If you would like to follow the blog – do sow and grow along with me and compare notes throughout the year. Let me know in the comments what you’re growing this year and what crops you’re most looking forward to trying at harvest time…

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A growing season of fun for all the family

Suttons kindly supplied me with the seeds for these trials.

This post is not sponsored and I only ever trial seeds and other materials from companies which I believe in and already use. In the case of Suttons, I have been a customer for many years. I hope you find the post useful 🙂

Year Of The Almanac

2018 has brought me not one but two almanac treasures, each a joy to read and written nearly 200 years apart. The first is a beautifully illustrated hardback: The Almanac: A Seasonal Guide To 2018 by Lia Leendertz which I bought a couple of months ago along with copies for friends, but hid away so I wouldn’t be tempted to read it cover to cover before the new year commenced. The second is a book of John Clare’s poetry published in 1827: The Shepherd’s Calendar which follows the progression of the year for the rural labourers of Helpston.

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The shepherd rests by David Gentleman

This is another attractive hardback illustrated with evocative wood engravings by David Gentleman which capture the essence of the rural Northamptonshire landscape and its people at work and play. Like Emma Dibben’s illustrations in The Almanac, Gentleman’s engravings use simple lines to build up precise detail, whether it be the grain of a particular wood in The Shepherd’s Calendar or the characteristics of different sheep breeds in The Almanac.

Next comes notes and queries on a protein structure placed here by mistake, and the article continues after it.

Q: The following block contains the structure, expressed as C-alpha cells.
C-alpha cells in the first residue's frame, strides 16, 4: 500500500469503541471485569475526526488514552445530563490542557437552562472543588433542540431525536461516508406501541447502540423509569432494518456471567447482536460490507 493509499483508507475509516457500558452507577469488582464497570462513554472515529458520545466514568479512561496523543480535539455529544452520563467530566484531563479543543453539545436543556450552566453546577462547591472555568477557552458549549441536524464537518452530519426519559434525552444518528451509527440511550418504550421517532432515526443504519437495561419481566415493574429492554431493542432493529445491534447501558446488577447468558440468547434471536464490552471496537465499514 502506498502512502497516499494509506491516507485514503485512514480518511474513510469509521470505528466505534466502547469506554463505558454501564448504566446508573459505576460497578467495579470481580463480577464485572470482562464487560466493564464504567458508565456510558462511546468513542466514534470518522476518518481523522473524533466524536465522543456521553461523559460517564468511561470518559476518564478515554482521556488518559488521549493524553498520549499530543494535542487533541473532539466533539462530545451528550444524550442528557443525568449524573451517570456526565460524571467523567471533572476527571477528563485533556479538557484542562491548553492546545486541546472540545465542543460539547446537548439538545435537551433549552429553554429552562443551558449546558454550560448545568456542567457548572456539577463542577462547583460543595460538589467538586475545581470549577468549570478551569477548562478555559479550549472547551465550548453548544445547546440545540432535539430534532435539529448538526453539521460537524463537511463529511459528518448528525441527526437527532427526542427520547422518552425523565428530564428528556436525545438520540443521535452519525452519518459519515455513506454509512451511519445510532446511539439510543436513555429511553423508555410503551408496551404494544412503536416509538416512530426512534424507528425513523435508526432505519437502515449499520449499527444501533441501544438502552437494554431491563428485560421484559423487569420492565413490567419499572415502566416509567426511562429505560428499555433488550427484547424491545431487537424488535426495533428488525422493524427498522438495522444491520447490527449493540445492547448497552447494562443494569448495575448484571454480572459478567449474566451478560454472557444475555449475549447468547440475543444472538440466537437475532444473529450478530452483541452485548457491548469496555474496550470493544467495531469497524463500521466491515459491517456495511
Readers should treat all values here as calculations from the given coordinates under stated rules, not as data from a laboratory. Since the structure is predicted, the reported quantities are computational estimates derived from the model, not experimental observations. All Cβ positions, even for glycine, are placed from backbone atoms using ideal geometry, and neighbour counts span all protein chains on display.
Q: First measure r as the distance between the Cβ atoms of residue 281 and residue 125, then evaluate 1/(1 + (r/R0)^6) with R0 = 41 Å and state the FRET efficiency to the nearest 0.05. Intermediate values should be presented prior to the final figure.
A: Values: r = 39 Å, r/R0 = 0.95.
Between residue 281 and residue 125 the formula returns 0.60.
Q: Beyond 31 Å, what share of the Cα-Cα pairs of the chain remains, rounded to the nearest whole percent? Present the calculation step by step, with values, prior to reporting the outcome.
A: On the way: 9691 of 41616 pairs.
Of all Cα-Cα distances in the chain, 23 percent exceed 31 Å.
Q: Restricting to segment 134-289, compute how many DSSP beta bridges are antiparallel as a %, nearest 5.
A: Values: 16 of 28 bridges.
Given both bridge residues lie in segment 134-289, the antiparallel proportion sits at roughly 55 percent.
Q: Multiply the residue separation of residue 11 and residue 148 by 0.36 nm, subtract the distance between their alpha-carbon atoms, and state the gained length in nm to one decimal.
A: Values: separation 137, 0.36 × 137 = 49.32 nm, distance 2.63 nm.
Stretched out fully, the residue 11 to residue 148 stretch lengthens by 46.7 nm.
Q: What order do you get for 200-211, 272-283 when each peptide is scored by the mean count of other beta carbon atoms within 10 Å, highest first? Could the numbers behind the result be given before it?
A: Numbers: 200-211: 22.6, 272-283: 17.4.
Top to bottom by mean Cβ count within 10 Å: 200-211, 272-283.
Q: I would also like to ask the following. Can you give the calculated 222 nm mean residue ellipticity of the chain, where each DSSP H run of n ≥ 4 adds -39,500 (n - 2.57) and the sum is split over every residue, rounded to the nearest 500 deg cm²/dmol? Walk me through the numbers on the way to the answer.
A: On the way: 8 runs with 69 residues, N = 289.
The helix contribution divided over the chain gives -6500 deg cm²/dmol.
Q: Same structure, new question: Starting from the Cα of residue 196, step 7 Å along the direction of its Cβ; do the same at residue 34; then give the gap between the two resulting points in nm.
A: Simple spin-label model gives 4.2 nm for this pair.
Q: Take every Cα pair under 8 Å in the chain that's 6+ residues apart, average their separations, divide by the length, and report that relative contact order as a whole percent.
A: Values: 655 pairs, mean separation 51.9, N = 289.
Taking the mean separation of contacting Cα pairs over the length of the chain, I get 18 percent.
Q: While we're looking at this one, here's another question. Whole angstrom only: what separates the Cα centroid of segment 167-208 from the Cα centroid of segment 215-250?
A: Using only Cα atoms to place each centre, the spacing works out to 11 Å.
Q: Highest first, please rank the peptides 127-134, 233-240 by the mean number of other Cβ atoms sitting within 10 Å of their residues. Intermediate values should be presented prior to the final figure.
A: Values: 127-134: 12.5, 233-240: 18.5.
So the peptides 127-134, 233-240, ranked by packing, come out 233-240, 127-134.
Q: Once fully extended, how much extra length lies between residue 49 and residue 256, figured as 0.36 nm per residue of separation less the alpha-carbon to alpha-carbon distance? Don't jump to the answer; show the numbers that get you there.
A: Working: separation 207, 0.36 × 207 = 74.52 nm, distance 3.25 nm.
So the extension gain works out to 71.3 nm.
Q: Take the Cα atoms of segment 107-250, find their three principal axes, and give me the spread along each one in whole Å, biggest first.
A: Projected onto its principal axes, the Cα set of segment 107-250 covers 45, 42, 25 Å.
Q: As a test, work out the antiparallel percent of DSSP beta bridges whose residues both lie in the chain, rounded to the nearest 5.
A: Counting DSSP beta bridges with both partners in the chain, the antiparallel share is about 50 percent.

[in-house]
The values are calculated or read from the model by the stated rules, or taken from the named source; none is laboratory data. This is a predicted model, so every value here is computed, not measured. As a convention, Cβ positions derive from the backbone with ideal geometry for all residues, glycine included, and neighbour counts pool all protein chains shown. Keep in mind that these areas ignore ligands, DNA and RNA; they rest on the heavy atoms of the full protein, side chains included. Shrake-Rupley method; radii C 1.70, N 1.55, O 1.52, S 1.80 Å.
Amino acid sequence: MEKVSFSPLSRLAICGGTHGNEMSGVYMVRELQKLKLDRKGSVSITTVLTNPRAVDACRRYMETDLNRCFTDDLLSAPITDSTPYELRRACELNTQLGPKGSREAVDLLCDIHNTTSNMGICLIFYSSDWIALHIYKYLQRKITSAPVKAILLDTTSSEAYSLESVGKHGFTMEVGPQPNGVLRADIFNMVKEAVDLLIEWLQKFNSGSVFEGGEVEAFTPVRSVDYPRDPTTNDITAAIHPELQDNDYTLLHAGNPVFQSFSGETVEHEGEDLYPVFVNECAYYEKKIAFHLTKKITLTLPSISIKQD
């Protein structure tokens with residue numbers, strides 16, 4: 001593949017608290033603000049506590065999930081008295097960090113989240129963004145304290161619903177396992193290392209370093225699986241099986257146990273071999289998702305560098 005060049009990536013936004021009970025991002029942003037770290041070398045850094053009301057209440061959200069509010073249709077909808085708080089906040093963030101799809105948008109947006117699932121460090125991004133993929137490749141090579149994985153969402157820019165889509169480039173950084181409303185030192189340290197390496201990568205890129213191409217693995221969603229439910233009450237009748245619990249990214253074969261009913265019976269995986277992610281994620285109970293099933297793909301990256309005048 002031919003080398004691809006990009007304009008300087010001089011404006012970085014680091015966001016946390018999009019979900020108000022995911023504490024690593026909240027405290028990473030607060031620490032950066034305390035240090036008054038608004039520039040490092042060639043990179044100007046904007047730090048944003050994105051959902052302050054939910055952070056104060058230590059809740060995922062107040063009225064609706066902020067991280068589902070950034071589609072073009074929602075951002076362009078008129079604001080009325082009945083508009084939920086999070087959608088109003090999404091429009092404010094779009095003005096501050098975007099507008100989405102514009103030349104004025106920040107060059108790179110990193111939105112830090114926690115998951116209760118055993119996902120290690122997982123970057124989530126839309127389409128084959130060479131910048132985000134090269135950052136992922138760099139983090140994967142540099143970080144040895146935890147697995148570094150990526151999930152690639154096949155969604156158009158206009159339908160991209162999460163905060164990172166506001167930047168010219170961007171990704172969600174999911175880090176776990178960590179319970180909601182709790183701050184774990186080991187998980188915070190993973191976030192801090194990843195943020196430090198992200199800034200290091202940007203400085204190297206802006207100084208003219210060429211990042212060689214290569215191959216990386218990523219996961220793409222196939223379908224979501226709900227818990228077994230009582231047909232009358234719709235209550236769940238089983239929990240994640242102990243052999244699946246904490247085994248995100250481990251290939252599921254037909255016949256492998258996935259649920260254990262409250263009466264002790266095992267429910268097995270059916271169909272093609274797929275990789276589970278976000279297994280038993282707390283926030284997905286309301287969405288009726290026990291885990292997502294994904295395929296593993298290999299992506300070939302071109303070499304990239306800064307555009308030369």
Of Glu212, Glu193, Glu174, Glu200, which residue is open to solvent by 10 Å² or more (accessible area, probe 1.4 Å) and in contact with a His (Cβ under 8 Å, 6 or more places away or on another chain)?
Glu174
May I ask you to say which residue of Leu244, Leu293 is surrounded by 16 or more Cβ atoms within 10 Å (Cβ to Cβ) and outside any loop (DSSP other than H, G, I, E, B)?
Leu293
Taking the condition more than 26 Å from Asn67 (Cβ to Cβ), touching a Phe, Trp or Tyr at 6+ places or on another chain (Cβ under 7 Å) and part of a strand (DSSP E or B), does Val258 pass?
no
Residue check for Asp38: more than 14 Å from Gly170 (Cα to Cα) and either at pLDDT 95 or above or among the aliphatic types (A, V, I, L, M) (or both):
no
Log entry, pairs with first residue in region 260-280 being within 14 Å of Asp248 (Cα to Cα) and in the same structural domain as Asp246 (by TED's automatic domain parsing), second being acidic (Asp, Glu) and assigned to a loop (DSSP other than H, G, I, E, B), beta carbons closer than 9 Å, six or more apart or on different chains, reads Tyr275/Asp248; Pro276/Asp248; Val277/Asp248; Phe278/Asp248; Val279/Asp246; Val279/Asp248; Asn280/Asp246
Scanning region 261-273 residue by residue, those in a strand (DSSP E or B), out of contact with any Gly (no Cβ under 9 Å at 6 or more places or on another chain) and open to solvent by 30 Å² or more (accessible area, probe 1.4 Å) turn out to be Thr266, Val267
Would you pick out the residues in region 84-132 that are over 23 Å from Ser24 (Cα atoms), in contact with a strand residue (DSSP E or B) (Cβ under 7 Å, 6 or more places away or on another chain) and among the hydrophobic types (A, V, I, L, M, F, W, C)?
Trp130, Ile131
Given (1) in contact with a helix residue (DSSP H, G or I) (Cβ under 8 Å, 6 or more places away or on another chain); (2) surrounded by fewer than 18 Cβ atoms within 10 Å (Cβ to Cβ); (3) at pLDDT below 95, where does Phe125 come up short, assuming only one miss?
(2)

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Leicester Longwool and Ryeland Sheep by Emma Dibben

The Almanac‘s entries for January include many facts to entice you out into the new year, even when skies are lowering and footpaths slippery with mud. I’m enjoying the supermoon tonight – where the full moon is particularly close to earth and at its brightest. With the times of the moon’s rising and setting noted for each day, I started my watching at 15.49 precisely and there it was, a huge orb perfectly framed by the silver birch tassels outside my study window.

One of the statistics for January which brings a glow to my heart is the fact that during the course of the month, day length increases by 1 hour and 12 minutes (in London). That’s nearly an extra hour and a quarter by the beginning of February to get out in the garden or walk along the footpaths. This is a fact which would have been of the utmost importance to John Clare’s community, relying as they did, on occupations out of doors. In ‘January: A Winter’s Day’, Clare conjures up the winter landscape:

While in the fields the lonly plough
Enjoys its frozen sabbath now
And horses too pass time away
In leisures hungry holiday

whilst, in the cottage:

The shepherd from his labour free
Dancing his children on his knee
Or toasting sloe boughs sputtering ripe
Or smoaking glad his puttering pipe